Apparel Retailer Buckle Breached by Card-Stealing Malware

Payment Cards Compromised for Nearly 6 Months at Unspecified Number of Stores

Buckle, a clothing retailer with 450 stores across the United States, said Friday that malicious software may have been used to steal payment card details for nearly six months, putting customers at risk.

Clothing retailer Buckle says malware installed on its point-of-sale systems apparently stole customers’ payment card details for nearly six months. Buckle’s warning follows a breach alert from Kmart, and shows the fight against payment card fraud is far from over.

Buckle’s breach alert, issued Friday, said that it had launched an investigation after it “became aware” that “a criminal entity accessed” payment card data some of its stores.

The retailer didn’t note how or when it first learned of the breach, and it couldn’t be immediately reached for comment. But the malware was active on its point-of-sale systems for nearly six months – from Oct. 28, 2016, until April 14, 2017. Thus, it’s likely that the breach was discovered on or around April 14, meaning that the company waited about two months before warning potentially affected customers (see Data Breach Notifications: What’s Optimal Timing?).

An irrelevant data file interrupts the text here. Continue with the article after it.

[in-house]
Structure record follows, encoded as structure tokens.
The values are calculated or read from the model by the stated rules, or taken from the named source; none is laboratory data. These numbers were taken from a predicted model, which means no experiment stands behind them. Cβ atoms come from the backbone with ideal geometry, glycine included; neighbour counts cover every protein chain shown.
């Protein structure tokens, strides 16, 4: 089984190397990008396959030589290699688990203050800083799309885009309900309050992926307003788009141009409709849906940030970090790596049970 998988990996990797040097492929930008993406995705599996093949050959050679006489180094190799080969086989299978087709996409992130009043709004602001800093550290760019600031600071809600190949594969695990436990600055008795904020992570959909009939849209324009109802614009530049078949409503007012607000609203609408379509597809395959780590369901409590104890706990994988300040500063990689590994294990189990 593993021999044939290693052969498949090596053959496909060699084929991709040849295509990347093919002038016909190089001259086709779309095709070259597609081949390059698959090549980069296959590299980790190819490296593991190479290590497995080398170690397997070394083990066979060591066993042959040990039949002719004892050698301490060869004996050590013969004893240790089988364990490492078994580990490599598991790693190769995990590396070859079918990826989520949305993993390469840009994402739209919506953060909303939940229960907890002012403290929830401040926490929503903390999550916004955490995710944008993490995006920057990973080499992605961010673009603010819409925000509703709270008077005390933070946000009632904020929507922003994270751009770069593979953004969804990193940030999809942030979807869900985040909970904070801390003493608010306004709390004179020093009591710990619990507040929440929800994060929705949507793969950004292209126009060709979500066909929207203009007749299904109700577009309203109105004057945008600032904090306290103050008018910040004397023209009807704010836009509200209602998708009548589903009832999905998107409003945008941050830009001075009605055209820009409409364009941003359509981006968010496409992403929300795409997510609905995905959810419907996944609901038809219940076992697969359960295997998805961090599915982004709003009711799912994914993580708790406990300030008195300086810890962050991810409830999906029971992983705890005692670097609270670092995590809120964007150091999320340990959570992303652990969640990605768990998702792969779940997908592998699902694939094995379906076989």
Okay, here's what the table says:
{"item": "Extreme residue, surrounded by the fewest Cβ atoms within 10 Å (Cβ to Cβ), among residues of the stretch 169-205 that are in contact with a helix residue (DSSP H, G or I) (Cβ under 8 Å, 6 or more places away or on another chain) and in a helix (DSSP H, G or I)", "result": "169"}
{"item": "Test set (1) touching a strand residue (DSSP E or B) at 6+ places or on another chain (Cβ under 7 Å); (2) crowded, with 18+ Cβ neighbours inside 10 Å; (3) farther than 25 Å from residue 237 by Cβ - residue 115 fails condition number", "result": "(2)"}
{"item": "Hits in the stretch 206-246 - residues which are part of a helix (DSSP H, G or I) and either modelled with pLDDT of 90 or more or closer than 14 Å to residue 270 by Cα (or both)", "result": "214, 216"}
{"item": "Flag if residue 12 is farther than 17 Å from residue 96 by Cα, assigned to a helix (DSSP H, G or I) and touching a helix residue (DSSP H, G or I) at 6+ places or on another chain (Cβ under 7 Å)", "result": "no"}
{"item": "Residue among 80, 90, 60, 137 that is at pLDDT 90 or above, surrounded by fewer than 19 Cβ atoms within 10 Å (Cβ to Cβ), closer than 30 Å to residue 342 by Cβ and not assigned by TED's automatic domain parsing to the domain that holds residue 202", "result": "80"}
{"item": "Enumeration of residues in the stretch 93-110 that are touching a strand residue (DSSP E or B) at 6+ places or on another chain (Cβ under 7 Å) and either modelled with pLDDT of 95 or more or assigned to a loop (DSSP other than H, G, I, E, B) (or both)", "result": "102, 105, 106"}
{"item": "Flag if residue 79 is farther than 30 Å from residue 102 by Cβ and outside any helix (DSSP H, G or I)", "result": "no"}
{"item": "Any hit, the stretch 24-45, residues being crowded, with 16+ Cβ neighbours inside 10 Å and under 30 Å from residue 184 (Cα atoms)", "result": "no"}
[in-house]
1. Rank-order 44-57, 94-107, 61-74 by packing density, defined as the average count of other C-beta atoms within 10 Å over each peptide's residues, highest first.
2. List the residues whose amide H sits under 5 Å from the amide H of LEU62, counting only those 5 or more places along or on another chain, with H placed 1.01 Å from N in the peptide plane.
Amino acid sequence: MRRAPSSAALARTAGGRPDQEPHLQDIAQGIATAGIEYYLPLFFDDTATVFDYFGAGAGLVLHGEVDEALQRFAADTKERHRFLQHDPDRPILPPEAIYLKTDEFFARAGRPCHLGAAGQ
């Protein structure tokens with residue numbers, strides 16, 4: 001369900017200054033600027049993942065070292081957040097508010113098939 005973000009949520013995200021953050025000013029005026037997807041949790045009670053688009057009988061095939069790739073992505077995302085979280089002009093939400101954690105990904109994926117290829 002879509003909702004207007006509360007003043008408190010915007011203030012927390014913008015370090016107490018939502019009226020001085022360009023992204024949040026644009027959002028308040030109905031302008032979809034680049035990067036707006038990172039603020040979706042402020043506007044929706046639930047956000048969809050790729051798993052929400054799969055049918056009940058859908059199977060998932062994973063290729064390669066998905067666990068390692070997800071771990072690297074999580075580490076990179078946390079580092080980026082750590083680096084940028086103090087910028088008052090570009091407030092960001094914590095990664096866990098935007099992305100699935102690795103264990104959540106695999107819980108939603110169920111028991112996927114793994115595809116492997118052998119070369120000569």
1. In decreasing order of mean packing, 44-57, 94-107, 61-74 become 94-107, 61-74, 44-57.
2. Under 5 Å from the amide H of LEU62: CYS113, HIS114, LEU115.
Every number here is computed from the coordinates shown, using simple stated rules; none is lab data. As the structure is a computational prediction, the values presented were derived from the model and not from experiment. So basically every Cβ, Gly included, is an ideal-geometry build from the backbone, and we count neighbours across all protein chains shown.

The company’s first public breach pronouncement about the breach, issued late Friday, followed security blogger Brian Krebs reporting Friday that earlier in the day, he’d queried the company about a potential breach.

Investigation Found Malware

After Buckle learned of the breach, “we immediately launched a thorough investigation and engaged leading third-party forensic experts to review our systems and secure the affected part of our network,” the company says. “Through that investigation we learned that our store payment data systems were infected with a form of malicious code, which was quickly removed.”

The malware collected the card number, expiration date and holder’s name, Buckle says. The company does not believe that any other customer information was accessed or stolen.

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